Eggs may seem very simple and plain, but there is so much to learn about them and there is a lot that you can do with them beyond cooking. These exciting egg experiments will have you looking at eggs in a whole new way!
I took my kids to the dentist the other day – no cavities! However, my kids then had a bunch of questions about their teeth and how cavities are formed.
We have talked about how to care for teeth and brush properly, but I thought that these egg and toothpaste experiments would be a great hands-on visual for answering their questions.
I love doing science experiments with kids that involve materials that kids use and see in their daily lives. It creates a strong understanding of the world around them and a love of science.
These egg experiments are popular ones that I have done with kindergarten children for many years. The egg experiments can easily be done at home and with kids of all ages.
You don’t need a lot of materials for this experiment and most of the materials are things often found at home. You will need:
- Clear Cups
- Eggs (At least 6. We did not hard boil the eggs)
- Pop (Do not use Diet or Sugar Free)
The Egg Experiments
We started by examining an egg. We know that the shell is fragile, but strong enough to keep the egg yoke inside and protected. The shell of the egg is similar to our tooth enamel.
We started by covering three eggs in toothpaste. My kids thought that this was a lot of fun. They used their fingers to cover the eggs in a coating of toothpaste, but you could also use a toothbrush to put the toothpaste on.
Next, I labeled 6 clear cups with the following labels:
- Water with Toothpaste
- Pop with Toothpaste
- Vinegar with Toothpaste
In the cups with water, we put one plain egg and one egg with toothpaste.
In the cups with pop, we put one plain egg and an egg with toothpaste. Make sure that the pop you use is not sugar free or diet. The experiment will not work properly without the sugar.
Finally, in the last two cups with vinegar, we put a plain egg and an egg with toothpaste.
Once all of the eggs were in the liquids, my kids each predicted what they thought was going to happen. Then, like most science experiments, we waited.
My kids made great observations right away that some of the eggs began to bubble and one egg even floated! We guessed what we thought would happen. We then left the eggs for about a day and a half.
We checked on our eggs several times over the next day to watch for any changes in the eggs and in the liquids. There were a lot of bubbles all over the eggs as they sat in the liquids.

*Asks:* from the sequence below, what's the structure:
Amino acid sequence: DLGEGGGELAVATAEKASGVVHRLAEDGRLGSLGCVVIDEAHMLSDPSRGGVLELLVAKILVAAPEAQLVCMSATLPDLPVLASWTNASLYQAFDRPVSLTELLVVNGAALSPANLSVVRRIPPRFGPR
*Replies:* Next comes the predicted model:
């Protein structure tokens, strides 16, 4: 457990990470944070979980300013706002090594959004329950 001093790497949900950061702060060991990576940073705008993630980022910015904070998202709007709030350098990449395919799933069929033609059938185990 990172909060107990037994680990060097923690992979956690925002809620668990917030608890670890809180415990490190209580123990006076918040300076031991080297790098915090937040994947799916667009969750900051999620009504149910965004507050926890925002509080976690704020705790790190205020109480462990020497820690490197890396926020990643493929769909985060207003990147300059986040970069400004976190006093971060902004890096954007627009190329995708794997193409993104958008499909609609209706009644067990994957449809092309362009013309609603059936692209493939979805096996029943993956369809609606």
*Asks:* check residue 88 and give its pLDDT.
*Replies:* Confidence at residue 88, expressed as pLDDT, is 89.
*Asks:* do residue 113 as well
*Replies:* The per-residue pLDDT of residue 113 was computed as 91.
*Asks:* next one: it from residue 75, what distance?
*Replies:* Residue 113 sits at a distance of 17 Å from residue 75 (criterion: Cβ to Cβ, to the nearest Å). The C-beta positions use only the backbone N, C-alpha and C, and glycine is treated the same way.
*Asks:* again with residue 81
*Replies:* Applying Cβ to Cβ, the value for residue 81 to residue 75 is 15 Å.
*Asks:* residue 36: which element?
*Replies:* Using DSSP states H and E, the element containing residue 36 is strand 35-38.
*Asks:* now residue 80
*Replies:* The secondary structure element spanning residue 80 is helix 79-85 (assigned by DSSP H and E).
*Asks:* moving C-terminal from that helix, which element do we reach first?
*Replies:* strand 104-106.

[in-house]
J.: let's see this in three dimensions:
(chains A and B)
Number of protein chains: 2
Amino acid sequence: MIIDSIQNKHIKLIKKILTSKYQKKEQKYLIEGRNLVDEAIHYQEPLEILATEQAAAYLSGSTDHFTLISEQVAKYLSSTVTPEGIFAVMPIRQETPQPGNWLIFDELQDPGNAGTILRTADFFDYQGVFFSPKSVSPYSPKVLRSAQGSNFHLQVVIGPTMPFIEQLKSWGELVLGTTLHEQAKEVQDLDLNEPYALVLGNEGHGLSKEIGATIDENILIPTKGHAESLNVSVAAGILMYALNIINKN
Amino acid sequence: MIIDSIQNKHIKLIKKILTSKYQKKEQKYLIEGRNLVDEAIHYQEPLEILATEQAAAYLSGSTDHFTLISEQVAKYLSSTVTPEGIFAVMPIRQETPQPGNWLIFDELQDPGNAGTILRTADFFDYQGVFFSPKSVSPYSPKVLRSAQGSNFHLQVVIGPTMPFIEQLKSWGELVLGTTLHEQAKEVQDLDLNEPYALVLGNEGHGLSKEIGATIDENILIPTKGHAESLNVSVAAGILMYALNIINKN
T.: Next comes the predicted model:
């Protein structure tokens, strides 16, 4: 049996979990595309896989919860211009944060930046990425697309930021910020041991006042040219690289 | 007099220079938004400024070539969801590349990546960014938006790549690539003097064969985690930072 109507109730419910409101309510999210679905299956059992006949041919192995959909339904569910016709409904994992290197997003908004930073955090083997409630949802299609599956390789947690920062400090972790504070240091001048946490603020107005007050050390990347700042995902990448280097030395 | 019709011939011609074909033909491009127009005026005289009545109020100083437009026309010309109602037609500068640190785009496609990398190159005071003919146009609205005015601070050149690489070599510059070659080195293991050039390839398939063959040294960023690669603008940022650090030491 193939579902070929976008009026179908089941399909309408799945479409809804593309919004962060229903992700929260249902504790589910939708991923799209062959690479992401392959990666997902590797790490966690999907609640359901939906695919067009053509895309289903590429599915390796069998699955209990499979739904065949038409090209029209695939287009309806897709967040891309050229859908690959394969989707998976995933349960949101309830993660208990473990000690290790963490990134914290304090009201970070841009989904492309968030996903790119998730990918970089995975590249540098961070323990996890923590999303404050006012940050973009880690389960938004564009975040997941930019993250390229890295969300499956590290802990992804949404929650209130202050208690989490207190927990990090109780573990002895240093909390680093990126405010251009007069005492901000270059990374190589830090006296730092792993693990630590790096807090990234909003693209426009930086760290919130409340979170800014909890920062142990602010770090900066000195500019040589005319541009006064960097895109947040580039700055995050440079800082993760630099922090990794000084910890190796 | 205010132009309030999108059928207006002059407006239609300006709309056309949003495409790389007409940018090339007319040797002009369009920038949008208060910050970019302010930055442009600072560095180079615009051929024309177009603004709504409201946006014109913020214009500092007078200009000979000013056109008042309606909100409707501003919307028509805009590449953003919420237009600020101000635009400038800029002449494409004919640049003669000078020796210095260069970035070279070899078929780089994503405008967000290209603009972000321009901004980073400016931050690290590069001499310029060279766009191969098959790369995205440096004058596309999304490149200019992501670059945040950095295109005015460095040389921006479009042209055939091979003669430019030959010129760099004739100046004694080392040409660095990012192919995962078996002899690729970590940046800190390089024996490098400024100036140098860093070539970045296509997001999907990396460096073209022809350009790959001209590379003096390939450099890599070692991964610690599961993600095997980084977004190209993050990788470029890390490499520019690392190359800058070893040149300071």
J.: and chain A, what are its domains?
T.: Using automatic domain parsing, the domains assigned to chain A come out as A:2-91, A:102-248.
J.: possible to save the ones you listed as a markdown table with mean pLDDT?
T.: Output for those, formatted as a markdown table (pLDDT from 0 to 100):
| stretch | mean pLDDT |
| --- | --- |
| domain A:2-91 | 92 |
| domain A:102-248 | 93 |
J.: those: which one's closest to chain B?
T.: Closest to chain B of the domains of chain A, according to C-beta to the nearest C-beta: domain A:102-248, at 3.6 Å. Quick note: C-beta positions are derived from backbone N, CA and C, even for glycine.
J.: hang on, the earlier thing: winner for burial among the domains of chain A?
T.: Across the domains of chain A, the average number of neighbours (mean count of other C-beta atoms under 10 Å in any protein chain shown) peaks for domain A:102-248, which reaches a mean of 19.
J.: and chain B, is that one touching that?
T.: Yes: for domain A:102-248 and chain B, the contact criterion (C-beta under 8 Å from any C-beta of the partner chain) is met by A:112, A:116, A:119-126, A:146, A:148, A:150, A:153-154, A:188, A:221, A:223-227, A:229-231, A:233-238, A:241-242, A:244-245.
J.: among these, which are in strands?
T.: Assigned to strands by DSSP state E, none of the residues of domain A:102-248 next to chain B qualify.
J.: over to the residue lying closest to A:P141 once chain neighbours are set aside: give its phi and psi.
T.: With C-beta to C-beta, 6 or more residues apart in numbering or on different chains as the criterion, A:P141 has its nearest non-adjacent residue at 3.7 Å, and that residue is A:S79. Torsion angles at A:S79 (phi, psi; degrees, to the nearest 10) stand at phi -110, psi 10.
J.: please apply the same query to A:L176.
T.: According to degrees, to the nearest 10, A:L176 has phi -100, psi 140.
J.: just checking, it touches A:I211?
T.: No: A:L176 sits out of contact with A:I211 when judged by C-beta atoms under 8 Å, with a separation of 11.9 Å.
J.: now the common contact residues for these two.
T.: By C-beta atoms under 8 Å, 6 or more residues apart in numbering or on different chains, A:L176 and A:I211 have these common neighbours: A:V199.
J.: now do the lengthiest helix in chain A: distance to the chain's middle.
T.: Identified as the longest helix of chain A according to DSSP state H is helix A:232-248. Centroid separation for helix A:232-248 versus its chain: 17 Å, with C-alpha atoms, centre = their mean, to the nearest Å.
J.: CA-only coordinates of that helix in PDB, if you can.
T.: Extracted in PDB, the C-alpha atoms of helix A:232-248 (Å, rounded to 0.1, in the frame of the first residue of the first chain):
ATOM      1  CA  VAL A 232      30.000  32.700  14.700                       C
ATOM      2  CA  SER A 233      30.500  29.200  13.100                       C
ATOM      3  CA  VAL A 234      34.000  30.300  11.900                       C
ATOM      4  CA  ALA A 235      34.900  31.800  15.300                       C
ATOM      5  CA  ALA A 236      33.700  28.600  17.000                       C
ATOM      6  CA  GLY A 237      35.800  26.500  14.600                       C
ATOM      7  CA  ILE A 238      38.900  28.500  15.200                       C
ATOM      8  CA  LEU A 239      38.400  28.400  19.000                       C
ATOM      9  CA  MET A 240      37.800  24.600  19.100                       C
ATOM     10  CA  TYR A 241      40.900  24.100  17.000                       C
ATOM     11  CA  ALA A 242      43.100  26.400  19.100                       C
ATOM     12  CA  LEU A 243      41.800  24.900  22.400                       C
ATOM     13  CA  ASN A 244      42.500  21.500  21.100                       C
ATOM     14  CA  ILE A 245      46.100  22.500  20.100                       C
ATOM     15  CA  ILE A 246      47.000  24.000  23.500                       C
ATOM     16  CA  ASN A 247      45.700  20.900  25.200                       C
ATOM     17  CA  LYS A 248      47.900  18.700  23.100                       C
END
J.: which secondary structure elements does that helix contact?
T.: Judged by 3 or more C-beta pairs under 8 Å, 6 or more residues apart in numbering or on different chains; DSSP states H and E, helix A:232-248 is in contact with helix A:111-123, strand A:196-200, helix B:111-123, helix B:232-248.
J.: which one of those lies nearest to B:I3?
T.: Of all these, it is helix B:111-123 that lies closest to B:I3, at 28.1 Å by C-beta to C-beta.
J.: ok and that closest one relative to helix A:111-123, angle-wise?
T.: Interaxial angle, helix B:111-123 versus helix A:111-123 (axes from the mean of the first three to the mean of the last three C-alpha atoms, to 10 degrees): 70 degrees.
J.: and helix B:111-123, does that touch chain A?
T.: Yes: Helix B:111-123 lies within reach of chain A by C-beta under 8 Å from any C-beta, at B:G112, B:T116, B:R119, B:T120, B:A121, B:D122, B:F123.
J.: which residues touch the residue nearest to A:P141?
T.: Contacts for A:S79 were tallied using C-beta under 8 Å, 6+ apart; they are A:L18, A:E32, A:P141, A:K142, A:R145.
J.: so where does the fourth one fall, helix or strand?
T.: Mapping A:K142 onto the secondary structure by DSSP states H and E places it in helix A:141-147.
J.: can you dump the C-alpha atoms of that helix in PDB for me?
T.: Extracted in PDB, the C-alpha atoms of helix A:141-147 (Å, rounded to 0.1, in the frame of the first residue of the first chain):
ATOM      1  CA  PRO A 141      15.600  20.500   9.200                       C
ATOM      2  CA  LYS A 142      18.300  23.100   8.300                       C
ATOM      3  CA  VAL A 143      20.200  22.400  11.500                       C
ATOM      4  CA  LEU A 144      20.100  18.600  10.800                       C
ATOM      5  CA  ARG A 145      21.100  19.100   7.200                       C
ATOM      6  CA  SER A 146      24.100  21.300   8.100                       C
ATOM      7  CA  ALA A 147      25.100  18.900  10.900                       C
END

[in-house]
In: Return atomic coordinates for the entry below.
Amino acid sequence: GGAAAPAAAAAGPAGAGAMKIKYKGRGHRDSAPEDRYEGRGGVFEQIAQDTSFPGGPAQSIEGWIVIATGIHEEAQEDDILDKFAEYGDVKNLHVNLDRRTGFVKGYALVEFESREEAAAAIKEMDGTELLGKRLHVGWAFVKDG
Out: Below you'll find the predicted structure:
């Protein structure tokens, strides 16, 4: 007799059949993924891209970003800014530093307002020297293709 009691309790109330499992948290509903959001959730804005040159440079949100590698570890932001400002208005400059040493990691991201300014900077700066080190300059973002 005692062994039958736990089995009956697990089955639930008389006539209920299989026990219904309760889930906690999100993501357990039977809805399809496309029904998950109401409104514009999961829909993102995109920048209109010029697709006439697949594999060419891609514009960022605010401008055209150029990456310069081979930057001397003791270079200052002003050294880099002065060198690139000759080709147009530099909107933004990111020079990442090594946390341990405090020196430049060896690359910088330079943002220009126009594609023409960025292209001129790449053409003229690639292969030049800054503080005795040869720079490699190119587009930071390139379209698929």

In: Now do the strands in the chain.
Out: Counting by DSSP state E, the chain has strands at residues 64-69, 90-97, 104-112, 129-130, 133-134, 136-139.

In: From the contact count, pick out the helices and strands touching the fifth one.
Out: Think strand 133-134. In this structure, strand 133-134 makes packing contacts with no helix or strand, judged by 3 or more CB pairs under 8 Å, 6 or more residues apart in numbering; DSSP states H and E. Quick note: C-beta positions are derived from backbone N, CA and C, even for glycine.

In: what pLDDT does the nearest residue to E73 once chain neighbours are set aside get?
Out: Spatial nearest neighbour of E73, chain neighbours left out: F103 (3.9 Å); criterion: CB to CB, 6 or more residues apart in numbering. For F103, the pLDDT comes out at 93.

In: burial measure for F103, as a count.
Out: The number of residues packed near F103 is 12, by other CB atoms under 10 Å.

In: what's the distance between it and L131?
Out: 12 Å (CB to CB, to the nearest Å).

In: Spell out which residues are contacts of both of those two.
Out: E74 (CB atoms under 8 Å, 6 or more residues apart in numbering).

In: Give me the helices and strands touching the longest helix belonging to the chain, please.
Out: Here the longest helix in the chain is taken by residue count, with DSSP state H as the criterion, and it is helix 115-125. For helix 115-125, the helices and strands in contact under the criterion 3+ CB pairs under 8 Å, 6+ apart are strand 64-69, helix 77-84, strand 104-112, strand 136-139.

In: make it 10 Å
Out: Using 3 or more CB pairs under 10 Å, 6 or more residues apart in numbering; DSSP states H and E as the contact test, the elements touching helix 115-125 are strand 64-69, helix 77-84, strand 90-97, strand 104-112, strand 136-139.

The Results of Our Egg Experiments
You can leave the eggs in for several days and then removed them from the liquids – being careful to remember which cup you take each out of.
Once we took the eggs out of the cups we talked about what we saw and how the eggs had changed. Some results were drastic, others were not!
Eggs in Water
Our eggs in the water, did not look any different from each other or from when we first put them in. We decided that this shows that water is okay for our teeth and does not hurt them.
The toothpaste was not needed to protect them from water.
Eggs in Vinegar
Our eggs in the vinegar were a different story. The enamel completely rubbed off of the egg without toothpaste. The enamel on the egg with toothpaste also largely rubbed off, but not to the same extent as the one without toothpaste.
Vinegar is an acid and eats away at the shell. The results of these egg and toothpaste experiment showed my kids that the toothpaste protected the egg from the vinegar.
Just like our teeth! If we eat a lot of acidic foods, like lemons, it can begin to break down our enamel and make our teeth less strong.
But that’s not all that happened! The really interesting thing with this egg was that the egg was squishy and we could actually bounce it!
The vinegar had completely changed the feel and structure of the egg. The enamel/shell of the egg was no longer making it strong and the shell had become transparent.
Eggs in Soda Pop
The results of the eggs in soda pop were also very interesting. This egg and toothpaste experiment most clearly shows how the toothpaste protected the egg.
The egg with toothpaste was considerably less stained than the other egg. The egg in pop, without the protection of the toothpaste, was very brown and discoloured.
The egg in the pop that was covered in toothpaste, was still a bit stained, but considerably less than the other egg. My kids found these eggs really interesting – and gross!
These egg experiments teach kids so much about how liquids are different. They also teach children about the importance of good dental health. It even teaches kids a little bit about the structure of eggs and shells.
Extension Ideas for Your Egg Experiments
These egg experiments will keep kids curious and intrigued for days. When you are done, there is still lots more you can do!
What would happen if you leave the eggs in for a week? (I’ll warn you though that they may get pretty gross. But what would happen if you left them in, in the fridge?)
What other (safe) liquids could you put the eggs in? Juice, salt water or even lemon juice are great options.
Since the eggs have been left out for days to do this experiment, make sure not to eat them after you are done the experiment.
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